U.S. taking higher profile in Southeast Asia, as seen in declaration pledging cooperation against terrorism


Sunday, August 4th 2002, 12:00 am
By: News On 6



MANILA, Philippines (AP) _ With a few strokes of a pen, Secretary of State Colin Powell raised the U.S. profile in Southeast Asia in a further sign of the Bush administration's international activism since Sept. 11.

Powell and a 10-nation group of Southeast Asian countries made clear in a joint declaration the importance of cooperating ``to prevent, disrupt and combat international terrorism'' by sharing information and intelligence and other steps.

The ceremony took place in Brunei, one of six countries in the region that Powell visited last week, perhaps the most extensive tour there by a secretary of state. He also visited India and Pakistan.

The struggle against Muslim extremism was a recurring theme during the trip.

The issue has transformed U.S. foreign policy. American anti-terrorism fingerprints can be seen in Afghanistan, Pakistan and the Philippines. They are visible in Latin America, too.

President Bush says more foreign aid could help reduce terrorism and he is asking Congress for a 50 percent increase over three years.

Most significant, the administration has redoubled its peacemaking efforts in the Middle East. Officials believe that success would have a calming effect on the Arab world, source of most of the world's terrorism, including the Sept. 11 attacks.

From 1954 to 1975, few areas, if any, had a greater claim on American attention than Southeast Asia. It was where the United States tried to draw the line against communist expansionism _ with disastrous results.

The mighty American military machine was humbled by a poor but highly motivated North Vietnam, at a cost of more than 50,000 American lives.

The legal basis for the commitment was the U.S.-led Southeast Asia Treaty Organization, a mutual defense pact that expired in 1977.

With America's defeat, the three Indochina countries _ Vietnam, Laos and Cambodia _ all became communist. American attention to the region faded.

Now the area is more prominently on U.S. radar, because of terrorism.

The signing in Brunei involving the Association of Southeast Asian Nations meant that for the first time since the treaty organization's demise, the United States and Southeast Asia are bound together by mutual commitments.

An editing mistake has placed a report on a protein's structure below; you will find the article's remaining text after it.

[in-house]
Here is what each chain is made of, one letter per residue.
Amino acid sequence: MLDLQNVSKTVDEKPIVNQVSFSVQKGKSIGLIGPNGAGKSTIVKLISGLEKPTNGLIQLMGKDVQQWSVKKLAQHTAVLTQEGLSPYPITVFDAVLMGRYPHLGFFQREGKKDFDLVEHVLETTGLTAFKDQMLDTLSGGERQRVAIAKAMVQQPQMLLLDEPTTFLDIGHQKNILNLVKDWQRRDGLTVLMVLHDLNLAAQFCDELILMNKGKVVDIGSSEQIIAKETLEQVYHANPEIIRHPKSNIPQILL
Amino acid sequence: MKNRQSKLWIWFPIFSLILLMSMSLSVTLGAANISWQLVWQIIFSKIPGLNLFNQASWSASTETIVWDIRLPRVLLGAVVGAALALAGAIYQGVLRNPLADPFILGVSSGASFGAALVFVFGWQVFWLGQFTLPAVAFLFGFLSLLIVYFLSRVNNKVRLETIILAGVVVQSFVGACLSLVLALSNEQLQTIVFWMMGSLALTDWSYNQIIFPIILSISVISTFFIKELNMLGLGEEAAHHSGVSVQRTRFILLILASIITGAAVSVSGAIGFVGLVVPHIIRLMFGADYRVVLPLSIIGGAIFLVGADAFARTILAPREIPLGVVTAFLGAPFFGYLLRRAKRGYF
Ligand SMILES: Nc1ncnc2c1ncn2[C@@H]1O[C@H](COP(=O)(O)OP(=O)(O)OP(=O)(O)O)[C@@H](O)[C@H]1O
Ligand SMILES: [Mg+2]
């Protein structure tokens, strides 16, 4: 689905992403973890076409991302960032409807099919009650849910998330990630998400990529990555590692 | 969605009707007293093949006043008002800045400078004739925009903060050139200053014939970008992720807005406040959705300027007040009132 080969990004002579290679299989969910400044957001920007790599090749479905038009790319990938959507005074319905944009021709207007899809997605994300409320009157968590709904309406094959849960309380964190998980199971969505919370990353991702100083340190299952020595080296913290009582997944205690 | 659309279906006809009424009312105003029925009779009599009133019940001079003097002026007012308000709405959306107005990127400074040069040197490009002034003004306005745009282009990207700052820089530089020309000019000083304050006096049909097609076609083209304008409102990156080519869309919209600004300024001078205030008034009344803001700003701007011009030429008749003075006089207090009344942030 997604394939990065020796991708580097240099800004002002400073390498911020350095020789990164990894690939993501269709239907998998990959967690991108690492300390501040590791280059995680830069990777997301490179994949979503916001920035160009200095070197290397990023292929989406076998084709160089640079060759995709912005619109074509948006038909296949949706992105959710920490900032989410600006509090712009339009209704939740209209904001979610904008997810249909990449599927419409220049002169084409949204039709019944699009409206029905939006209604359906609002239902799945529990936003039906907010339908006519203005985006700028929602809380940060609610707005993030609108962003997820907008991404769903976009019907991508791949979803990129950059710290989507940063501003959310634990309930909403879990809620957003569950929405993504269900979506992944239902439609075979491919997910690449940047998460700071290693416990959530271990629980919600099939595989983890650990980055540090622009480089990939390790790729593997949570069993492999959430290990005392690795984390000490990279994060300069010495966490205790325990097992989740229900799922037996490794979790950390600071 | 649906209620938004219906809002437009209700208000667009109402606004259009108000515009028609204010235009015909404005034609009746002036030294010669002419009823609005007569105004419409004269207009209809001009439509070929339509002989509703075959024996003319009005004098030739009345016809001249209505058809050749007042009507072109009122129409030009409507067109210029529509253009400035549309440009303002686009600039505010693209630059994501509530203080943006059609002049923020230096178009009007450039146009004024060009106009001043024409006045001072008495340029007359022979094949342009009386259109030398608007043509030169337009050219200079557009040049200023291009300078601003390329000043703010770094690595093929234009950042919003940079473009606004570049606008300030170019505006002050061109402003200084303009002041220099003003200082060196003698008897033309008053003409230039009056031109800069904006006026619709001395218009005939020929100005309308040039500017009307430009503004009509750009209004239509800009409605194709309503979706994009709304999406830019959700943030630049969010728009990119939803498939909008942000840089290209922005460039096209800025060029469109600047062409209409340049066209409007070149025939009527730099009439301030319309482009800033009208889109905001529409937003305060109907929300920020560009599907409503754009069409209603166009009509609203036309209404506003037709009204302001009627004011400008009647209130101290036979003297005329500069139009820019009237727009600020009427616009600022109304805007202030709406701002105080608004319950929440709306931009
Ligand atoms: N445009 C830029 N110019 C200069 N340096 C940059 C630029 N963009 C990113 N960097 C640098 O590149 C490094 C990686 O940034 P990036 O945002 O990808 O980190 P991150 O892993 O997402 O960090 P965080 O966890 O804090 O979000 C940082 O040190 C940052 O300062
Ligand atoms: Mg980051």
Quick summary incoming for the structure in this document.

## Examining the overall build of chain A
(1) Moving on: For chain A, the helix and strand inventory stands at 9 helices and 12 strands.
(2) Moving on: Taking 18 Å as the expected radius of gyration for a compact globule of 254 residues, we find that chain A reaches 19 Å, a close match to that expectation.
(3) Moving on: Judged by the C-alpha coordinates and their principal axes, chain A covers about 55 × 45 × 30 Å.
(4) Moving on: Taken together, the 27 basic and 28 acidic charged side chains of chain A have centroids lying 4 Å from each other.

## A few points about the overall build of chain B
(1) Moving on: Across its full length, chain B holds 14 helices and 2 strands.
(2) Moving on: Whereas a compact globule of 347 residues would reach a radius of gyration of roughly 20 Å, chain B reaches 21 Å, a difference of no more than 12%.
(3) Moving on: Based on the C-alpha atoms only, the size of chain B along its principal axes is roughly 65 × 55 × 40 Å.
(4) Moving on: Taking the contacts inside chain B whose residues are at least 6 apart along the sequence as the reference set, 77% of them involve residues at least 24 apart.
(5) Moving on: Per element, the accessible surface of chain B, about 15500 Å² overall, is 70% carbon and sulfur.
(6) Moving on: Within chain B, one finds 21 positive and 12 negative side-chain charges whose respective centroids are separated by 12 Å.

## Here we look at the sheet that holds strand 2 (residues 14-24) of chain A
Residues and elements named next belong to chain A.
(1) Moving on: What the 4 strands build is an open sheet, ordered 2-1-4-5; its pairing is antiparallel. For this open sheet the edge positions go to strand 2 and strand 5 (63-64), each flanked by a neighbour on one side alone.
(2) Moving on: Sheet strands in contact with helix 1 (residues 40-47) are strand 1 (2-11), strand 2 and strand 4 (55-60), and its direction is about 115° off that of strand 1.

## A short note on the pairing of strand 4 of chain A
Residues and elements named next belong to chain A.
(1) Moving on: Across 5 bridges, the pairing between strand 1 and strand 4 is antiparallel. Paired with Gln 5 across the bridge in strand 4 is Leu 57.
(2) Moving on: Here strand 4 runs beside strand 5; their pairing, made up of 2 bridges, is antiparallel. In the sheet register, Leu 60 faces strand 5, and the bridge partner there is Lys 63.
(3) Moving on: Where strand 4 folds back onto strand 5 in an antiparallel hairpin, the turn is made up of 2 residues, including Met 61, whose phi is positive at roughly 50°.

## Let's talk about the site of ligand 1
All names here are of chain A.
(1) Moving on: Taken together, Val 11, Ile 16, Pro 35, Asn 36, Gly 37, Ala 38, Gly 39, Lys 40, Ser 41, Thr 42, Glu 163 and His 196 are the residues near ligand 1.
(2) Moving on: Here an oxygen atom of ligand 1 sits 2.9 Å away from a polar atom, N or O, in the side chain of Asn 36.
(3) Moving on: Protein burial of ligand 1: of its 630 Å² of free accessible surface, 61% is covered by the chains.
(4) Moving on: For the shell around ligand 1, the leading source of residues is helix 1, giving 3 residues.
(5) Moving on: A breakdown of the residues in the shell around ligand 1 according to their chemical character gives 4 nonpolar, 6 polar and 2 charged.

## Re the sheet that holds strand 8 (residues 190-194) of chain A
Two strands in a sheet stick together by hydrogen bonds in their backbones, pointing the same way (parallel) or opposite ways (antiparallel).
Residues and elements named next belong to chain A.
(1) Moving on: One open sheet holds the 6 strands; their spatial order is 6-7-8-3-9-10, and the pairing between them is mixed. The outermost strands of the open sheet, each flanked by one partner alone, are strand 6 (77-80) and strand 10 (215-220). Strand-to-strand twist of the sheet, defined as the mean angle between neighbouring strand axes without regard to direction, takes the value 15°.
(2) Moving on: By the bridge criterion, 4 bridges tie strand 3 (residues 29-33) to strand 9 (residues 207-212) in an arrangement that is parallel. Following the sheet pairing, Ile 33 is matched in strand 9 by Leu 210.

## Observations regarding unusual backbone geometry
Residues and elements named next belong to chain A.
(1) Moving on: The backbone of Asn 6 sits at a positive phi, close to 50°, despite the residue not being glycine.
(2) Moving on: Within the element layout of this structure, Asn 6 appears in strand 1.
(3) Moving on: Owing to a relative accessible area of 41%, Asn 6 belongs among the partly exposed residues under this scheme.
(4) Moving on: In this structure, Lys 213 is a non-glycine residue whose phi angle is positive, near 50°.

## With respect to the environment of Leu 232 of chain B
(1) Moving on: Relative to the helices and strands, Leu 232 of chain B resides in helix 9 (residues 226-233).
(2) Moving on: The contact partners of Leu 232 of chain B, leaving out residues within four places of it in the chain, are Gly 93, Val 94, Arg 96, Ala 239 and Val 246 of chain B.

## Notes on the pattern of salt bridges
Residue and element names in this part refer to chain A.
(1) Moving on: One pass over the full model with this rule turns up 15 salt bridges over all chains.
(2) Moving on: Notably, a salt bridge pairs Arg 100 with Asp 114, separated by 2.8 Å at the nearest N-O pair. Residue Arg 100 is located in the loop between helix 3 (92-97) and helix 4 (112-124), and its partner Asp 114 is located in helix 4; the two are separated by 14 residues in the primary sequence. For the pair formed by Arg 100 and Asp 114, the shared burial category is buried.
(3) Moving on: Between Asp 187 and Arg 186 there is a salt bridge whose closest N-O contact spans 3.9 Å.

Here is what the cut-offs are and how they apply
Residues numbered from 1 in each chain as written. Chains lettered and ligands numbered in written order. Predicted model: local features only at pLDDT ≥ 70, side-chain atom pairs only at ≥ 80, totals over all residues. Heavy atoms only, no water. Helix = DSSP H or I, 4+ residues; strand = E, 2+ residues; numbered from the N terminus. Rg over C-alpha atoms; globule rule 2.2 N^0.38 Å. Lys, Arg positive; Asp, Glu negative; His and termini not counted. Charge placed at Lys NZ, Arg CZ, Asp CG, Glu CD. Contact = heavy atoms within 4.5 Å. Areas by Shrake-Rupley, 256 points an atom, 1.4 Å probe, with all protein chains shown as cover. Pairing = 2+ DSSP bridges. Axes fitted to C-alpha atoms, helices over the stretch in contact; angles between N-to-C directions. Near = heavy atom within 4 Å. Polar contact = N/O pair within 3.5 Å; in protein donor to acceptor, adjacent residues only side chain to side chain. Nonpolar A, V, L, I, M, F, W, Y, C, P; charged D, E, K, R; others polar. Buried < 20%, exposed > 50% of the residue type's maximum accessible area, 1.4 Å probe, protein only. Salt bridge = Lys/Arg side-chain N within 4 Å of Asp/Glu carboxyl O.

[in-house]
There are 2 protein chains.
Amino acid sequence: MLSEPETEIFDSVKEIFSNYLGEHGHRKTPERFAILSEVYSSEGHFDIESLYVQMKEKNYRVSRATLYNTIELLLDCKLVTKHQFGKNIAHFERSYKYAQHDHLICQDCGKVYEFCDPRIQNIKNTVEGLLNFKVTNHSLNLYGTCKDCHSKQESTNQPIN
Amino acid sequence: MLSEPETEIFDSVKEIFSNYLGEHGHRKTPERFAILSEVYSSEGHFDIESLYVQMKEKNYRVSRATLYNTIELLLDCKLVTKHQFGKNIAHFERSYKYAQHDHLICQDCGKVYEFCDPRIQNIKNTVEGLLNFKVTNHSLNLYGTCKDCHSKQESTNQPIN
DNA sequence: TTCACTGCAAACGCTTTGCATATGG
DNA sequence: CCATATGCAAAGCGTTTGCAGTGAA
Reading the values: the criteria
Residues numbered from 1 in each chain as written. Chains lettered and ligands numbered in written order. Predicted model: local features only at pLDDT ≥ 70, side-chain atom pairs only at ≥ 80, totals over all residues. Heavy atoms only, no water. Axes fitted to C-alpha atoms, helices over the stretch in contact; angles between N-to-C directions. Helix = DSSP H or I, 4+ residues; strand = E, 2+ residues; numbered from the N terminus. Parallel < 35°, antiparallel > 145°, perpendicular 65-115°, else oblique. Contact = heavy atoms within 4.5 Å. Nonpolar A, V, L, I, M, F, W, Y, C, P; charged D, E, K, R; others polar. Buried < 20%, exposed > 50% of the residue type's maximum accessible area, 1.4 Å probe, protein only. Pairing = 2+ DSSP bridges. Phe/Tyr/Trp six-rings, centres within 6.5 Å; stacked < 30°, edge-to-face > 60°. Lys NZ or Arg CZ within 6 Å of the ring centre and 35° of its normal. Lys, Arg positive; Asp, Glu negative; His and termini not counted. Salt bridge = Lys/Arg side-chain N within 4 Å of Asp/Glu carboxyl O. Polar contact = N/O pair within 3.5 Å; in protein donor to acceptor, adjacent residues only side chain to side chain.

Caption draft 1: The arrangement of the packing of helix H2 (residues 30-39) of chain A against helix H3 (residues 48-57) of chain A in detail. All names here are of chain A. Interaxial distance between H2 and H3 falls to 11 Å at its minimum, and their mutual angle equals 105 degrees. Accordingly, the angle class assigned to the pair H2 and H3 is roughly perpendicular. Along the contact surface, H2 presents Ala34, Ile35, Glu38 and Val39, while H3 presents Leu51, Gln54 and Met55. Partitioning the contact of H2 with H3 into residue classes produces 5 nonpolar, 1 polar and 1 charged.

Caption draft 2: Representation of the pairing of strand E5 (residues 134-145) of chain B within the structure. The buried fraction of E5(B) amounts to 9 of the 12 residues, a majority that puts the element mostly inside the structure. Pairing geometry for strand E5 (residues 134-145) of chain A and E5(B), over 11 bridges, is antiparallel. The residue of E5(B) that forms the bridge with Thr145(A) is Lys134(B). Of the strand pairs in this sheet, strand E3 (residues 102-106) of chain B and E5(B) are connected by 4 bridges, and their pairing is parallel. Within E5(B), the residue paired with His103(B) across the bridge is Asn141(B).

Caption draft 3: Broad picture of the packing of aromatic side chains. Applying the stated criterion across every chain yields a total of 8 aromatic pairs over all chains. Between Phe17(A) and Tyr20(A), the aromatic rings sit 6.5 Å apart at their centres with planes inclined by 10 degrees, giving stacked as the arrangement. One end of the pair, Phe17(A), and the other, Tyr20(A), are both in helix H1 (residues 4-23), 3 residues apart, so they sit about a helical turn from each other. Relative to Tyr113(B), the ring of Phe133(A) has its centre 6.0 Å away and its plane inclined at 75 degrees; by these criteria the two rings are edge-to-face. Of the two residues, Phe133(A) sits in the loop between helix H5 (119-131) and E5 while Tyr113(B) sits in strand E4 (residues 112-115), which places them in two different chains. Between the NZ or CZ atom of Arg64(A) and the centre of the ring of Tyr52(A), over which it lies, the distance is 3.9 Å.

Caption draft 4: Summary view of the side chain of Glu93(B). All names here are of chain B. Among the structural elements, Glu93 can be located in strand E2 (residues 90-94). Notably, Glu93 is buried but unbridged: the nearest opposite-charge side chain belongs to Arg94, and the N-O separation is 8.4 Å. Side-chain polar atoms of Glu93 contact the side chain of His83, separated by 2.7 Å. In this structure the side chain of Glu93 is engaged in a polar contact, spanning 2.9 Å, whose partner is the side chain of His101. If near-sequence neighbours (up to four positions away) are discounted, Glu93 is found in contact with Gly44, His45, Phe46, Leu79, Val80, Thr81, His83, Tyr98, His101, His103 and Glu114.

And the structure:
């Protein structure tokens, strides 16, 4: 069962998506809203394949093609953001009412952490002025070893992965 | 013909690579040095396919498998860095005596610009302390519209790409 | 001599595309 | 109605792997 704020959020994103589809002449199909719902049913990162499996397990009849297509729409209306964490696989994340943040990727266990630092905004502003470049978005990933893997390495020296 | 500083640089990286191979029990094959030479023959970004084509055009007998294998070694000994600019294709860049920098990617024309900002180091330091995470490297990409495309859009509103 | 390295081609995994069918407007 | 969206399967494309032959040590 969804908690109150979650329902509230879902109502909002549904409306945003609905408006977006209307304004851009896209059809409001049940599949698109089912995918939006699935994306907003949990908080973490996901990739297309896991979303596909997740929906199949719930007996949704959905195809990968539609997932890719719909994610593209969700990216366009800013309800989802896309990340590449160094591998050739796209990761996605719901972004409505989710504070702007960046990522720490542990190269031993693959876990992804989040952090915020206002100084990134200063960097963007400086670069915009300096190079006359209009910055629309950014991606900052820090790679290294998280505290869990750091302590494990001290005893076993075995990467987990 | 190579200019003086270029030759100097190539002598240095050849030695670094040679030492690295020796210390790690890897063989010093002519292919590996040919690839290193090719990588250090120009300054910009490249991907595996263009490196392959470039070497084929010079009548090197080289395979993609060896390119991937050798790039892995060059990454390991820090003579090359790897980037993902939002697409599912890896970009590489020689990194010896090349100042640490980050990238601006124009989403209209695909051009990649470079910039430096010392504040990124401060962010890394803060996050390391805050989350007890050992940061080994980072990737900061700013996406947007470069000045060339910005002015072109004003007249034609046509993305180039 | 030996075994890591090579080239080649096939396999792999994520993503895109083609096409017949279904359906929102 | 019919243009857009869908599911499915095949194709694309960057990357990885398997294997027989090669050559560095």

The six countries of the region Powell visited _ Thailand, Malaysia, Singapore, Brunei, Indonesia and the Philippines _ all are predominantly Muslim or have strong Muslim majorities. All six are worried about terrorism.

Powell, mindful of the death and destruction wreaked by U.S. forces on Indochina a generation ago, assured leaders last week that U.S. militarization of the anti-terrorism struggle in Southeast Asia is not in the cards.

``The United States is not looking for bases or a new permanent presence in the Philippines or in this part of the world,'' Powell said at a Manila news conference Saturday.

A six-month counterterrorism exercise involving 1,200 American soldiers in the Philippines ended Wednesday. The goal was to help Filipino forces do battle with a Muslim separatist movement.

In terms of costs, the overall U.S. engagement in the region is modest, for now. As an example, $50 million in anti-terrorism money is being budgeted for Indonesia, primarily for training; at its peak, the Vietnam war cost that much every few days.

Indonesia may have the region's biggest terrorism problem. Some Indonesian Islamic groups have al-Qaida connections or maintain ties with Indonesian military units. They even have backers in key government positions.

There is concern that Indonesia, with 17,000 islands that are hard to patrol, could become a springboard for terrorism against neighboring countries or perhaps the United States itself.